In celebration of our 25th Anniversary, we take a look back at some of the highlights in the work to stand with marginalized communities. This month a story of Native American resistance, radioctivity, and the official reptile of the State of California...
In the early morning hours on June 19, 1995, a group of Native American tribe members and non-Native activists got off a bus in the Mojave Desert and began to stretch. It was going to be a long run, 27 miles to be exact. They were going to start at the Old Woman Mountains and end in Ward Valley, where a controversial proposal for a nuclear waste dump was the reason for their gathering that dawn.
Van Fleet, an elder of the Fort Mojave Indian Tribe called to the runners, "Who are we?"
The runners yelled back, "We are Mojave!"
"Why are we running?"
"To save Ward Valley!"
"What do we do while we are running?"
With their hands high in a fist: "we pray!”
The lead runner took position with his staff and the Spirit Run began. In Native American tradition, a spirit run is a relay that is meant to express and reinforce their connection to the land. On that day, there was a great urgency to do so.
In 1989, the State of California asked the federal government to sell 1,000 acres of land for the construction of a nuclear waste dump and chose U.S. Ecology, a waste management operator, to manage the site. The company had a history of leaks and was actually the last candidate to be considered, after the others withdrew due to fears of financial liability. U.S. Ecology picked Ward Valley in the San Bernardino county as their site.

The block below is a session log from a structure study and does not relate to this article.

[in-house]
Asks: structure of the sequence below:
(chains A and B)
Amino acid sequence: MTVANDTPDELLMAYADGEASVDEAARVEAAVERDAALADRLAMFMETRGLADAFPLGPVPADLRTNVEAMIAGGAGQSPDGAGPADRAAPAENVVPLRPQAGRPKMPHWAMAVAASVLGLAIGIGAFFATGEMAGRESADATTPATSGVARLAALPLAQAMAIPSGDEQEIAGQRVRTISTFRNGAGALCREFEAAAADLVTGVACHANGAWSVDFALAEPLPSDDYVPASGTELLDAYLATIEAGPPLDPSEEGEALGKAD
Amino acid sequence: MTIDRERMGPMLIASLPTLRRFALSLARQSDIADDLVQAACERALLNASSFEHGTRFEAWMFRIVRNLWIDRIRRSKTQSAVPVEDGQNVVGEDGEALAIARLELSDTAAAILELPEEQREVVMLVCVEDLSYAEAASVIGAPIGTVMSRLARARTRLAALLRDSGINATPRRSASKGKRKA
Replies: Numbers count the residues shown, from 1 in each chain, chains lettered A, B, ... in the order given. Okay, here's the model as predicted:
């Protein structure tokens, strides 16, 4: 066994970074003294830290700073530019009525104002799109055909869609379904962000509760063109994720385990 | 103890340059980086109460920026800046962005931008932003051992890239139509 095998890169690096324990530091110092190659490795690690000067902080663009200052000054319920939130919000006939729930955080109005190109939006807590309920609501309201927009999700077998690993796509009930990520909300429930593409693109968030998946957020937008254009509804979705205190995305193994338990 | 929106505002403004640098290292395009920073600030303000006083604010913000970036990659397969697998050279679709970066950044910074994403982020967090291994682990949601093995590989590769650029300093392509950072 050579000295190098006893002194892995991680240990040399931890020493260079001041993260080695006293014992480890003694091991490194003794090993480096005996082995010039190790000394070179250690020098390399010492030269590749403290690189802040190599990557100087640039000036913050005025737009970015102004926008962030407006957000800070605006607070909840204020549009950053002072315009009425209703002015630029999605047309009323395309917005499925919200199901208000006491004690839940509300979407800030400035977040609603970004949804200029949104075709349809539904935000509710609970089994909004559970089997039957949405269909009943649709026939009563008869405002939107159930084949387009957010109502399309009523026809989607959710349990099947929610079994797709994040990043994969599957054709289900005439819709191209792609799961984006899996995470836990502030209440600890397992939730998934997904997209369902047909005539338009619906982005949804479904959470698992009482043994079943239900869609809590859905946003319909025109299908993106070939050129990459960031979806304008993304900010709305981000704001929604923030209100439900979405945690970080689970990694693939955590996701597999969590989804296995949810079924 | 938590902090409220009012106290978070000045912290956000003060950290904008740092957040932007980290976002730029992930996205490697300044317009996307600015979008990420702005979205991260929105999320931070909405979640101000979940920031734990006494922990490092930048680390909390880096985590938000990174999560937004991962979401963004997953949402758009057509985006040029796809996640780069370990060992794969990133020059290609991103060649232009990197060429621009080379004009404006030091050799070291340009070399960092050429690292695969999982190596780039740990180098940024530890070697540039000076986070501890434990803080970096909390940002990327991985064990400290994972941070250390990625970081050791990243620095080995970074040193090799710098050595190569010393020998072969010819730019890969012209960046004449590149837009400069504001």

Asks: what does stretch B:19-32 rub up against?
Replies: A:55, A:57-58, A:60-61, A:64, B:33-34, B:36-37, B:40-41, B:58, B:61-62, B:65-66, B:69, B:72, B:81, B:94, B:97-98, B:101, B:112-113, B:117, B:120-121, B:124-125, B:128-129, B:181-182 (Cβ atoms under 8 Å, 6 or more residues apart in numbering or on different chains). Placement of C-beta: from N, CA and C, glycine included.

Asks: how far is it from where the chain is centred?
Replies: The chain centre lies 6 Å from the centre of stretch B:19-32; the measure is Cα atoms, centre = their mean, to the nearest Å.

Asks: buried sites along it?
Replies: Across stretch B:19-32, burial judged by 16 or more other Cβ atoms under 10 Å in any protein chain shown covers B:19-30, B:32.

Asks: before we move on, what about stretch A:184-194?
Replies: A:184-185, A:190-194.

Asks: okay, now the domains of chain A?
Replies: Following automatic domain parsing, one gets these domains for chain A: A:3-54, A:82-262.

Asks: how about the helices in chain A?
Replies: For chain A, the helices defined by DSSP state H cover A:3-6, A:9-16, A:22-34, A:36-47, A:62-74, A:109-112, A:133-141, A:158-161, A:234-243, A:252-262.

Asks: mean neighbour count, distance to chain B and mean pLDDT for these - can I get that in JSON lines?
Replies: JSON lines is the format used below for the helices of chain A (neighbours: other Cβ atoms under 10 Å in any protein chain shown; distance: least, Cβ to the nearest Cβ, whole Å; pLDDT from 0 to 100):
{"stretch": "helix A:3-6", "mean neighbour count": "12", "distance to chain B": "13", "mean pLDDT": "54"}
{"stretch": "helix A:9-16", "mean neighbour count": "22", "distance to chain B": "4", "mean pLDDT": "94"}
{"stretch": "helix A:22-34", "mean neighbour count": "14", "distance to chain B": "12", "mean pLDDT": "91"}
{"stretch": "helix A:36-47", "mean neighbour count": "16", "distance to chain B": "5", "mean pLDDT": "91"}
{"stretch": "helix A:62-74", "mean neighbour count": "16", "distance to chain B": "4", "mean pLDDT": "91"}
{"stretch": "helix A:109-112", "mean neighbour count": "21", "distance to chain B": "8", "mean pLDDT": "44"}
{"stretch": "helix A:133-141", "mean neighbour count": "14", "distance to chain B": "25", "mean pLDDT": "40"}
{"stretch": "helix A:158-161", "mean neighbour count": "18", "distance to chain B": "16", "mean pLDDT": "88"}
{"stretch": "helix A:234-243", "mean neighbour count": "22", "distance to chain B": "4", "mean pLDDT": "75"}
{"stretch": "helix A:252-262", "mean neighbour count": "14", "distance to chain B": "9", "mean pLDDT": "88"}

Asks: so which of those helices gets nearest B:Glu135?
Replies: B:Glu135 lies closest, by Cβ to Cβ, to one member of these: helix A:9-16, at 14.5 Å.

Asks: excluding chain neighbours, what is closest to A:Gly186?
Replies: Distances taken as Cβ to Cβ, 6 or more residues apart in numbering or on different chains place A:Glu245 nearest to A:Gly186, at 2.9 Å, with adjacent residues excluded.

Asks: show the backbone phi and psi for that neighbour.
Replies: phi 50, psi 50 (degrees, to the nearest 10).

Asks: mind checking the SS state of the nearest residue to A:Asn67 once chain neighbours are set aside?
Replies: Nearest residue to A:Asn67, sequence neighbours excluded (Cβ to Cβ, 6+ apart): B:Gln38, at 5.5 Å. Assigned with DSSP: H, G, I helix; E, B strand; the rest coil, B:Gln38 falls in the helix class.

Environmentalists and Native Americans were quick to protest. The low level radioactive waste was to be buried in trenches 650 feet above an aquifer. If the aquifer became contaminated, it would contaminate the Colorado River, which was only 20 miles away and provided drinking water for 15 million southern Californians. For the Native Americans, the presence of a waste dump was deeply violating on a cultural level. They had lived on the land since time immemorial and believed that Ward Valley was the pathway traveled by newly deceased souls to their sacred mountain, Avi, Kwa Ame. Finally, it was home to the sacred desert tortoise.
Philip Klasky, an anti-nuclear activist in California, heard about the situation and immediately started researching. He met the five tribes that lived there: Fort Mojave, Colorado River, Chemeheuri, Fort Yuma-Quechan, and Cocopah Tribes. One elder told him that the Ward Valley was “headquarters for the desert tortoise.” To the outside world, the desert tortoise was just a cute animal. But to the Native Americans, it was their relative. They learned how to survive from the tortoise. They observed the foods it ate. They studied the way it built burrows and protected itself from the cold and the heat. It was a keystone species, which meant its existence was connected to many other species and its removal would greatly impact the ecosystem.